Exhibit | Herron to present rare exhibit of Japanese bamboo art

INDIANAPOLIS — An exhibit two years in the making and the likes of which has rarely, if Japanese Bamboo Art Imageever, been seen in Indianapolis opens March 2 at the Herron School of Art and Design on the Indiana University-Purdue University Indianapolis campus.

“Discovering Japanese Bamboo Art: The Rusty and Ann Harrison Collection,” an exhibition of 45 sculptural bamboo forms and baskets, opens with a reception from 5:30 to 7:30 p.m. in the Eleanor Prest Reese, Robert B. Berkshire, and Dorit and Gerald Paul galleries of Eskenazi Hall, 735 W. New York St. The exhibition runs through April 16.

The exhibit artifacts belong to longtime Indiana art aficionados Rusty and Ann Harrison, who began their collection decades ago when Rusty’s business travels took him to Japan.

Plans for the exhibition began taking shape two years ago, when Herron’s dean, Valerie Eickmeier, was meeting with Ann Harrison at the Harrisons’ home in Attica, Ind. “The more that I learned about the Harrisons’ collection of bamboo art, the more intrigued I became,” Eickmeier said. “It will be an amazing exhibition for others — especially our students — to see and learn from.”

“Bamboo is as deeply intertwined as rice in Japanese history and culture. The most talented artisans made bamboo baskets for tea ceremony flower arrangements,” said Robert T. Coffland, an expert in Japanese bamboo art. “In the mid-19th century, a master maker and former samurai, Hayakawa Shokosai I, declared himself an artist. This break with tradition encouraged other artisans to begin individualistic experiments that drew upon Chinese and Japanese aesthetics.”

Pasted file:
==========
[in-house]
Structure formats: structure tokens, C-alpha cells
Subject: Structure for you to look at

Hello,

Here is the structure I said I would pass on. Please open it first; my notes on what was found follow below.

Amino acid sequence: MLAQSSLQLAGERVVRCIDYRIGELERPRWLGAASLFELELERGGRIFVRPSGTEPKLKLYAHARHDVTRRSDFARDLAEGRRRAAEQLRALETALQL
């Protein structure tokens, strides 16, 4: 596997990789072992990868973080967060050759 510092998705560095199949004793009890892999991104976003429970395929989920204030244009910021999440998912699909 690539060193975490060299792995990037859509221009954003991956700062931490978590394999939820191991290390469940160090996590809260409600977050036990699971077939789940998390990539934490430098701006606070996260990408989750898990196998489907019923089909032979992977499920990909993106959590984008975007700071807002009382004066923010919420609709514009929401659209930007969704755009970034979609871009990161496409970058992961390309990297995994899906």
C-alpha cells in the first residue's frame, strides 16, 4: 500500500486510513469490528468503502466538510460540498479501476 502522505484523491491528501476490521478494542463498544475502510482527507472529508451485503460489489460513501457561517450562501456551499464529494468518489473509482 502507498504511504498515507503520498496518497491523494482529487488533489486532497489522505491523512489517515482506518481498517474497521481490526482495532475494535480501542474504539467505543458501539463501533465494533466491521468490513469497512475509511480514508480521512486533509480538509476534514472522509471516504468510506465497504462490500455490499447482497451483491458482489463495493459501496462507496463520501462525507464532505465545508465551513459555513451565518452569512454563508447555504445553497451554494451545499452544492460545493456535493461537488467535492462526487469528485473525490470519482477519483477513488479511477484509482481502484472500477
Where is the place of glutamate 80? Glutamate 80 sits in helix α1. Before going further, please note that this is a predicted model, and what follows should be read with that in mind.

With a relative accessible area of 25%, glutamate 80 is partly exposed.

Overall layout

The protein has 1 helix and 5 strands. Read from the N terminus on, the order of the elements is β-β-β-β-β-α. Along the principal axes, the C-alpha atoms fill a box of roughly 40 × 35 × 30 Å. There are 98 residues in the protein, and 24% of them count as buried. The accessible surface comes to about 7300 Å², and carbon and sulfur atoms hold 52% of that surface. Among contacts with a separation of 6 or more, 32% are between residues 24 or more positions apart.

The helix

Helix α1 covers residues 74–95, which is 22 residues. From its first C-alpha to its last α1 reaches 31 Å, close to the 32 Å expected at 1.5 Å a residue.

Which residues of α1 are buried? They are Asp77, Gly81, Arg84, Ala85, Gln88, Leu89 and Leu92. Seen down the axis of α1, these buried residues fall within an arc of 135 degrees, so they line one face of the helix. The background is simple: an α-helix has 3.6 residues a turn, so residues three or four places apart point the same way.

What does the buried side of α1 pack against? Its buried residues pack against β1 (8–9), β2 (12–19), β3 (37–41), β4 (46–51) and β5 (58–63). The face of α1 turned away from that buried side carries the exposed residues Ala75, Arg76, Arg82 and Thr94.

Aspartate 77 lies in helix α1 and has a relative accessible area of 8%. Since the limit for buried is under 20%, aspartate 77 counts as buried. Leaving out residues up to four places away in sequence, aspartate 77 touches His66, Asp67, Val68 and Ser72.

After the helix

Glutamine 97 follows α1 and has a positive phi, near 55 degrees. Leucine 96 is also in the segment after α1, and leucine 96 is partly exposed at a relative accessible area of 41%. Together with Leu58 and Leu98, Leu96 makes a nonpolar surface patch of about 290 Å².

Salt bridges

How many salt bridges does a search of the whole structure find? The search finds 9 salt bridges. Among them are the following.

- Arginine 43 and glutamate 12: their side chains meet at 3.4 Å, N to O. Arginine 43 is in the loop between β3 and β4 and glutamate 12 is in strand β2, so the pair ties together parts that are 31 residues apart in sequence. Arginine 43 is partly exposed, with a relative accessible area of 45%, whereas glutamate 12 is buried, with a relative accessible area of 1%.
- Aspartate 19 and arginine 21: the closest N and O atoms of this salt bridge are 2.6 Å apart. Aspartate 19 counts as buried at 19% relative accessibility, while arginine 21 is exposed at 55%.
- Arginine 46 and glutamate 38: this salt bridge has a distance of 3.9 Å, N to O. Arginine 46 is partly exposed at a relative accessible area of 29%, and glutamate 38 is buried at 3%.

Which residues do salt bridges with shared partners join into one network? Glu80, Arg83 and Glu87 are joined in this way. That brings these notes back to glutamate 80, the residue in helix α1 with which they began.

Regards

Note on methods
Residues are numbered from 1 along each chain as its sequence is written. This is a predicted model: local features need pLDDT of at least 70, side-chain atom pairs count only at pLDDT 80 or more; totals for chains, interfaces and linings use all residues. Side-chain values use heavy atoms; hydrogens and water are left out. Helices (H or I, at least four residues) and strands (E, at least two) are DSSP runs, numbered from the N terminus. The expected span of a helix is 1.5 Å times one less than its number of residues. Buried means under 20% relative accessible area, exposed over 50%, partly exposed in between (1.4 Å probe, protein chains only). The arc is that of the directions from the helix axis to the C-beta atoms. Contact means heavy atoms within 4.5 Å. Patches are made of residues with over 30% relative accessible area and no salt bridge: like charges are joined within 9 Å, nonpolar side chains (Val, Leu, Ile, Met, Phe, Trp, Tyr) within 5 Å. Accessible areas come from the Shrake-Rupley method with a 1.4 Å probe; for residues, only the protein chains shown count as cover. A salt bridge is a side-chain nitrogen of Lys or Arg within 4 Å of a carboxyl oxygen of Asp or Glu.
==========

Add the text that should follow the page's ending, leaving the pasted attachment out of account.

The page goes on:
Four artists represented in this exhibit are among the few Japanese officially designated as “Holders of Important Intangible Resources,” commonly known as “Living Tresures of Japan,” in recognition of their mastery of the unique skills necessary to preserve an art form that would have otherwise been extinct.

As there are very few contemporary collectors of the art form, according to Coffland, the Herron exhibit will introduce mostly undiscovered works spanning more than a century.

Other exhibits to open at Herron are “Tales to Tell,” an illustration exhibition by Herron alumni, Feb. 24 to March 9 in the Basile Gallery; and “It’s Lonely Out Here,” an installation that features an idiosyncratic re-creation of Sputnik by Cody Arnall, Feb. 24 to March 16 in the Marsh Gallery.

Herron School of Art and Design’s exhibitions and artists’ talks are free and open to the public. Eskenazi Hall gallery hours are 10 a.m. to 5 p.m. Monday and Tuesday, 10 a.m. to 8 p.m. Wednesday, and 10 a.m. to 5 p.m. Thursday through Saturday.

Reception | Discovering Japanese Bamboo Art

Date: March 2 Harrison Collection image-Torii Ippo, Piercing the Sky, 2008, 16 x 23 x 29.5 inches
Time: 5:30 PM-7:30 PM
Location: Berkshire, Reese and Paul Galleries, Eskenazi Hall

Herron School of Art and Design will present an exhibition the like of which has never been seen in Indianapolis. Discovering Japanese Bamboo Art: The Rusty and Ann Harrison Collection opens on March 2 with a reception from 5:30 p.m. to 7:30 p.m. in the Eleanor Prest Reese, Robert B. Berkshire and Dorit and Gerald Paul galleries of Eskenazi Hall and continues through April 16.

This survey exhibition will feature 45 sculptural bamboo forms and baskets belonging to longtime art aficionados Rusty and Ann Harrison, who began collecting when Rusty’s business travels took him to Japan decades ago.

Plans for the exhibition began taking shape two years ago, when Herron’s dean, Valerie Eickmeier, was meeting with Ann at the Harrison’s home in Attica, Indiana. “The more that I learned about the Harrison’s collection of bamboo art, the more intrigued I became,” she said. “It will be an amazing exhibition for others—especially our students—to see and learn from.”

Japanese bamboo art expert Robert T. Coffland said, “Bamboo is as deeply intertwined as rice in Japanese history and culture. The most talented artisans made bamboo baskets for tea ceremony flower arrangements. In the mid-19th century, a master maker and former Samurai, Hayakawa Shokosai I, declared himself an artist. This break with tradition encouraged other artisans to begin individualistic experiments that drew upon Chinese and Japanese aesthetics.”